Assessments of the South African market are largely optimistic, with predictions of increasing political stability and an end to the economic downturn that began last year.

Graham Mason, chief investment officer of Prudential Portfolio Managers, South Africa, says he expects much better equity and bond performance this year, with cash the poorest performer. This is almost the reverse of last year which saw returns of about 16% for cash, 9% for equities and 6% for all bonds.

He predicts company earnings growth of 20% one year out and 17% the following year. The prospect of the short rate declining will lend support to the equity market and he expects one or two cuts in prime overdraft rates before the end of this year.

Peter Cronshaw, executive director, marketing and investor relations at Genbell Investment Asset Management, is also bullish. There is still significant growth coming through from a lot of companies and we are seeing foreign investment."

He adds: "We would not be surprised if the long bond rate was down below 14 by the end of the year, somewhere between 12 and 13, despite a recent rebound."

Richard Jesse, in charge of portfolio strategy at Fleming Martin, describing South Africa as a high bond area, says he expects bonds to be down to 14, with inflation of around 7-8%. He says that the market is shaped more by earnings growth than by ratings so, taking account of the weak rand, he agrees with the earnings growth assessment of 20% or more.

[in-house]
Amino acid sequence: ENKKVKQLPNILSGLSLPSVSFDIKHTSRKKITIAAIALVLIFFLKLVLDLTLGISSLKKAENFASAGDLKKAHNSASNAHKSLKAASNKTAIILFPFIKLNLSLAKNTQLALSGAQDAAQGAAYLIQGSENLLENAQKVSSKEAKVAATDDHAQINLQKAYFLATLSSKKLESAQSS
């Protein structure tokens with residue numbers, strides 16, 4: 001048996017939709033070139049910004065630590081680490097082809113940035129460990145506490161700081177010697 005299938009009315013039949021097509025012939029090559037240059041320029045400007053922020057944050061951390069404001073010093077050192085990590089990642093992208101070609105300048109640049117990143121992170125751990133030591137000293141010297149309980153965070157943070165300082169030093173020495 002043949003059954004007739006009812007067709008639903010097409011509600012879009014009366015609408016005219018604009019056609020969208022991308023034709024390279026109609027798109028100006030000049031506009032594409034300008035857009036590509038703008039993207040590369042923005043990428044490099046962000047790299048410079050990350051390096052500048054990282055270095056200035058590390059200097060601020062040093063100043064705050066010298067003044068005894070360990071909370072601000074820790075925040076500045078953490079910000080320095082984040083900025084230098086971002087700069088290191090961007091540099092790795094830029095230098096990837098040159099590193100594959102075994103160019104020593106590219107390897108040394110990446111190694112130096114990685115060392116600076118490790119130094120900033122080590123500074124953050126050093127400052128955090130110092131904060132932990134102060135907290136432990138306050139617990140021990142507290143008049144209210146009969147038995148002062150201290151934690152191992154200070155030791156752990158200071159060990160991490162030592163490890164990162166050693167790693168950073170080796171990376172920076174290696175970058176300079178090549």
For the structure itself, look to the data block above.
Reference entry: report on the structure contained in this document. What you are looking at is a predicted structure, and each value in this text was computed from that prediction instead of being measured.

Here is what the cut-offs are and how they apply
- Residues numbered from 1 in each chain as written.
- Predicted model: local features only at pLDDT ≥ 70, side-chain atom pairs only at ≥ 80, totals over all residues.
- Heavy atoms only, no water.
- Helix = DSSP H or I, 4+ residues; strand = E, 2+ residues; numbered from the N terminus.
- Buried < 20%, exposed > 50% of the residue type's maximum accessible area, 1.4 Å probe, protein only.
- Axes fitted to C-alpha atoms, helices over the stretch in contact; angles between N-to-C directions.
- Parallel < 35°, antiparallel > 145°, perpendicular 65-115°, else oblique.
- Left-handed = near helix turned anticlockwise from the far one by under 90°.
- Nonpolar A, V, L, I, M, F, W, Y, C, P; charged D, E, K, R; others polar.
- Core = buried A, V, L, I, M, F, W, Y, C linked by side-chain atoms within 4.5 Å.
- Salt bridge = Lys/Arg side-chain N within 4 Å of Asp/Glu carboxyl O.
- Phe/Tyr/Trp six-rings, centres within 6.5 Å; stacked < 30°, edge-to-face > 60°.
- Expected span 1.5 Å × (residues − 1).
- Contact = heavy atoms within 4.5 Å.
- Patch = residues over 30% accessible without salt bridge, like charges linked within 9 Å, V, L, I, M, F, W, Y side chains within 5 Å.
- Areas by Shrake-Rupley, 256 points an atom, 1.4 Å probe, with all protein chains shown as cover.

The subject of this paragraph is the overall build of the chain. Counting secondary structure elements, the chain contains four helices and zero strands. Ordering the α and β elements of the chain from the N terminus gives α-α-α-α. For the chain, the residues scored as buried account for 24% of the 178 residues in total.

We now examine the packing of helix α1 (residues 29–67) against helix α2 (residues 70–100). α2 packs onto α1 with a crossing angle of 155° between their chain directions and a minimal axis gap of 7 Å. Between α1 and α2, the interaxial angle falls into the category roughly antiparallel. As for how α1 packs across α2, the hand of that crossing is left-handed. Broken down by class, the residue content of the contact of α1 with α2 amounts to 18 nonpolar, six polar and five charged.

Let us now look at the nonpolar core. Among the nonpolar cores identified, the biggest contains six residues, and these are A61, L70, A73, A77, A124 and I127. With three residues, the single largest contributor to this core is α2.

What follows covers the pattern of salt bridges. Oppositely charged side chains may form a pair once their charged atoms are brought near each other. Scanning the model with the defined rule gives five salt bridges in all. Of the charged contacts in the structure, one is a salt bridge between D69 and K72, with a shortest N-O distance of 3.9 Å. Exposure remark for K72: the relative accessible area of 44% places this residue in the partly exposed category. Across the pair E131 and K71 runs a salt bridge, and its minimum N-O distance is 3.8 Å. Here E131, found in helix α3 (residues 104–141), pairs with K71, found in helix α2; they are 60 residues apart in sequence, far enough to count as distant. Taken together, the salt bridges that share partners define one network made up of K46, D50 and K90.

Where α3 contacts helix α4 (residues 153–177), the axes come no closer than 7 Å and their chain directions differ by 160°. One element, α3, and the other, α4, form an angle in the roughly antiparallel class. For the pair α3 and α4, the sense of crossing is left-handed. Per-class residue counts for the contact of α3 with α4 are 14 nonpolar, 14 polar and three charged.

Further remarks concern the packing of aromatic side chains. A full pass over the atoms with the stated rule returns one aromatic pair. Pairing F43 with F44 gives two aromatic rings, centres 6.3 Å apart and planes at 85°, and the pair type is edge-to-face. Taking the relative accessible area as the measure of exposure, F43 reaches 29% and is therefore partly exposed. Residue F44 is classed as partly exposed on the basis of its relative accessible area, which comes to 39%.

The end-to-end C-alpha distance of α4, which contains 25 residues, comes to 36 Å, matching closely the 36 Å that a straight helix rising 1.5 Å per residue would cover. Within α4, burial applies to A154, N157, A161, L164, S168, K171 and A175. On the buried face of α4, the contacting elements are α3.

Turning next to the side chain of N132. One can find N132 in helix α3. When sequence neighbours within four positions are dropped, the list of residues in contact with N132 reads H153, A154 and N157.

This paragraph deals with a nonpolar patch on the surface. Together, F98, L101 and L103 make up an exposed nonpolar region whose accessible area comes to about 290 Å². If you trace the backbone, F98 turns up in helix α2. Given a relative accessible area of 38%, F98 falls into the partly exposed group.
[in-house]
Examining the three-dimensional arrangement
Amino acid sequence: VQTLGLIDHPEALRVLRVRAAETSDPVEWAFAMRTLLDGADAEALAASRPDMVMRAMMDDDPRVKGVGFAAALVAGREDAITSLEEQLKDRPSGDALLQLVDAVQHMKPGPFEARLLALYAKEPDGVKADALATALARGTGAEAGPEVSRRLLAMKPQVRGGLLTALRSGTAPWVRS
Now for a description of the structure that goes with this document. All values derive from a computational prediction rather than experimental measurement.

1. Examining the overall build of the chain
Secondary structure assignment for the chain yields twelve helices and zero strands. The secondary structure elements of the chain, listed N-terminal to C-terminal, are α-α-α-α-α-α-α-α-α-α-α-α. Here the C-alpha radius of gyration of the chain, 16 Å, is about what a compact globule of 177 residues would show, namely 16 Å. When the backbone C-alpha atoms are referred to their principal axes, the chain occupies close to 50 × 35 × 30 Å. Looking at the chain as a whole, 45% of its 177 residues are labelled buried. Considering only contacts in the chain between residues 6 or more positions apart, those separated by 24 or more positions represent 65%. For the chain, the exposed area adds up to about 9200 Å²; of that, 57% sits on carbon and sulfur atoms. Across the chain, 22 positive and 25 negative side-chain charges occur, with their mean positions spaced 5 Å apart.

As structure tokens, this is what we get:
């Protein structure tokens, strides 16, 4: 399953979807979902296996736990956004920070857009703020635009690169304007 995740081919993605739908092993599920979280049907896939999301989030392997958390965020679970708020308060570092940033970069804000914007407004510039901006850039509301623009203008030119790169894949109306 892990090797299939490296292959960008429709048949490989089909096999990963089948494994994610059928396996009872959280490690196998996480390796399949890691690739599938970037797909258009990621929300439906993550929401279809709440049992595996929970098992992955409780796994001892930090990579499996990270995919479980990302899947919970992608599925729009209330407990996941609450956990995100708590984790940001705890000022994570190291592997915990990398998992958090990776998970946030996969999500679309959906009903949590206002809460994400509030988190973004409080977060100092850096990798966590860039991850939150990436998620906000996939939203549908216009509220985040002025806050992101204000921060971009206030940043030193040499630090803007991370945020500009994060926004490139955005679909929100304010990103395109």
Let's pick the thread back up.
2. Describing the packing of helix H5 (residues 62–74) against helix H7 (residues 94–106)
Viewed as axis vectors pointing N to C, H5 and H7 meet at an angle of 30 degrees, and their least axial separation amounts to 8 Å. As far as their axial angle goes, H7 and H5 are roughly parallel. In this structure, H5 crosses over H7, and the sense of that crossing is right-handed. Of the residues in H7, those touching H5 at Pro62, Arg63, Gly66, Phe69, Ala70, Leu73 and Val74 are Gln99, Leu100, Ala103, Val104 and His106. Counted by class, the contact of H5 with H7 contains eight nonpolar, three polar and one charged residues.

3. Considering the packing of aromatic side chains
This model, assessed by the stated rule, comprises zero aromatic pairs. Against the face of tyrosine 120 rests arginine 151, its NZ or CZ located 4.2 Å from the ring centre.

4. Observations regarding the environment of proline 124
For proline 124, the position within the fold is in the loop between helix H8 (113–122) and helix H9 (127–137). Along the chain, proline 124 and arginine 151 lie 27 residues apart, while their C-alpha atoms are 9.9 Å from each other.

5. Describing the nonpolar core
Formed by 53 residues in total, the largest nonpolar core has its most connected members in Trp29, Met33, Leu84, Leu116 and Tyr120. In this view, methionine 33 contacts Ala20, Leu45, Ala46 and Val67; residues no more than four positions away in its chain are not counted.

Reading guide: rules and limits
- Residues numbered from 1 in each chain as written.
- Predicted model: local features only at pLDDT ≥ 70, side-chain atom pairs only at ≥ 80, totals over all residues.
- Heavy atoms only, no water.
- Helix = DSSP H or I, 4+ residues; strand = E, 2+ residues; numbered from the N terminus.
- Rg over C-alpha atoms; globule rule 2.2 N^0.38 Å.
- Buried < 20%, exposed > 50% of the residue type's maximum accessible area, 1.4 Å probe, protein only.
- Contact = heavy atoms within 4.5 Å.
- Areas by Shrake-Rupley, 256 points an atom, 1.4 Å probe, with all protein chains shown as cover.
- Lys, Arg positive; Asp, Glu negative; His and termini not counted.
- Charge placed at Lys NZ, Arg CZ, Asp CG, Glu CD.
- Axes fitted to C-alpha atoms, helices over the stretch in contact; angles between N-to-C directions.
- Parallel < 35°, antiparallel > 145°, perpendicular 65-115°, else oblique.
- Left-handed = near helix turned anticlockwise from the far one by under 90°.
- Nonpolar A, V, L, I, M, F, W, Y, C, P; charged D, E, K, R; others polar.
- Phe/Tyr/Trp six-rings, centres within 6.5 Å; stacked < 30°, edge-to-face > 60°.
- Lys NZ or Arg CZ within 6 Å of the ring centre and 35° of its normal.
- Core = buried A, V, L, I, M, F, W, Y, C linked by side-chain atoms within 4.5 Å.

He adds that he is advising pension funds to increase their bond weighting from the typical 20% currently to 30% with 65% in equities.

Mason thinks industrials have been neglected. "We are looking for reasonable economic growth of 2-2.5%. I think industrials were really downrated this year. We are looking for them to perform."

Cronshaw favours financial services. "It is becoming part of the international market. We are starting to see all kinds of innovation with companies in the distribution business moving into financial services on the back of their existing customer base." He also rates the IT companies - some of which have gone offshore -but cautions they have seen good runs already.

"This year we think anything connected with fixed investment is going to have a rebound if confidence comes up in areas such as construction. We expect the consumer sector to slow up as there is a lot of consumer debt around, so there has got to be a lot of consolidation."

On the question of sectors, Jesse describes 1996 as a dull year. "It was a question of stockpicking. There were no particularly big themes. This year, we have already had a bit of a recovery among big retailers which has a little bit further to go. I'm talking about share price gains of 40-50% and that doesn't go on for ever."

The stock picking will continue although he points to certain trends. "Black empowerment - business affirmative action - is the hot story and will be for the next few years. Companies with black shareholders are increasingly seen as being important in various industries if you want to get contracts or gain market share."

Mason sees the big risk factor as the gradual removal of exchange controls but adds: "As long as the rand remains fairly stable exchange controls can be abolished and short rates cut."

Cronshaw says that the end of exchange controls will be very positive. John Lappin"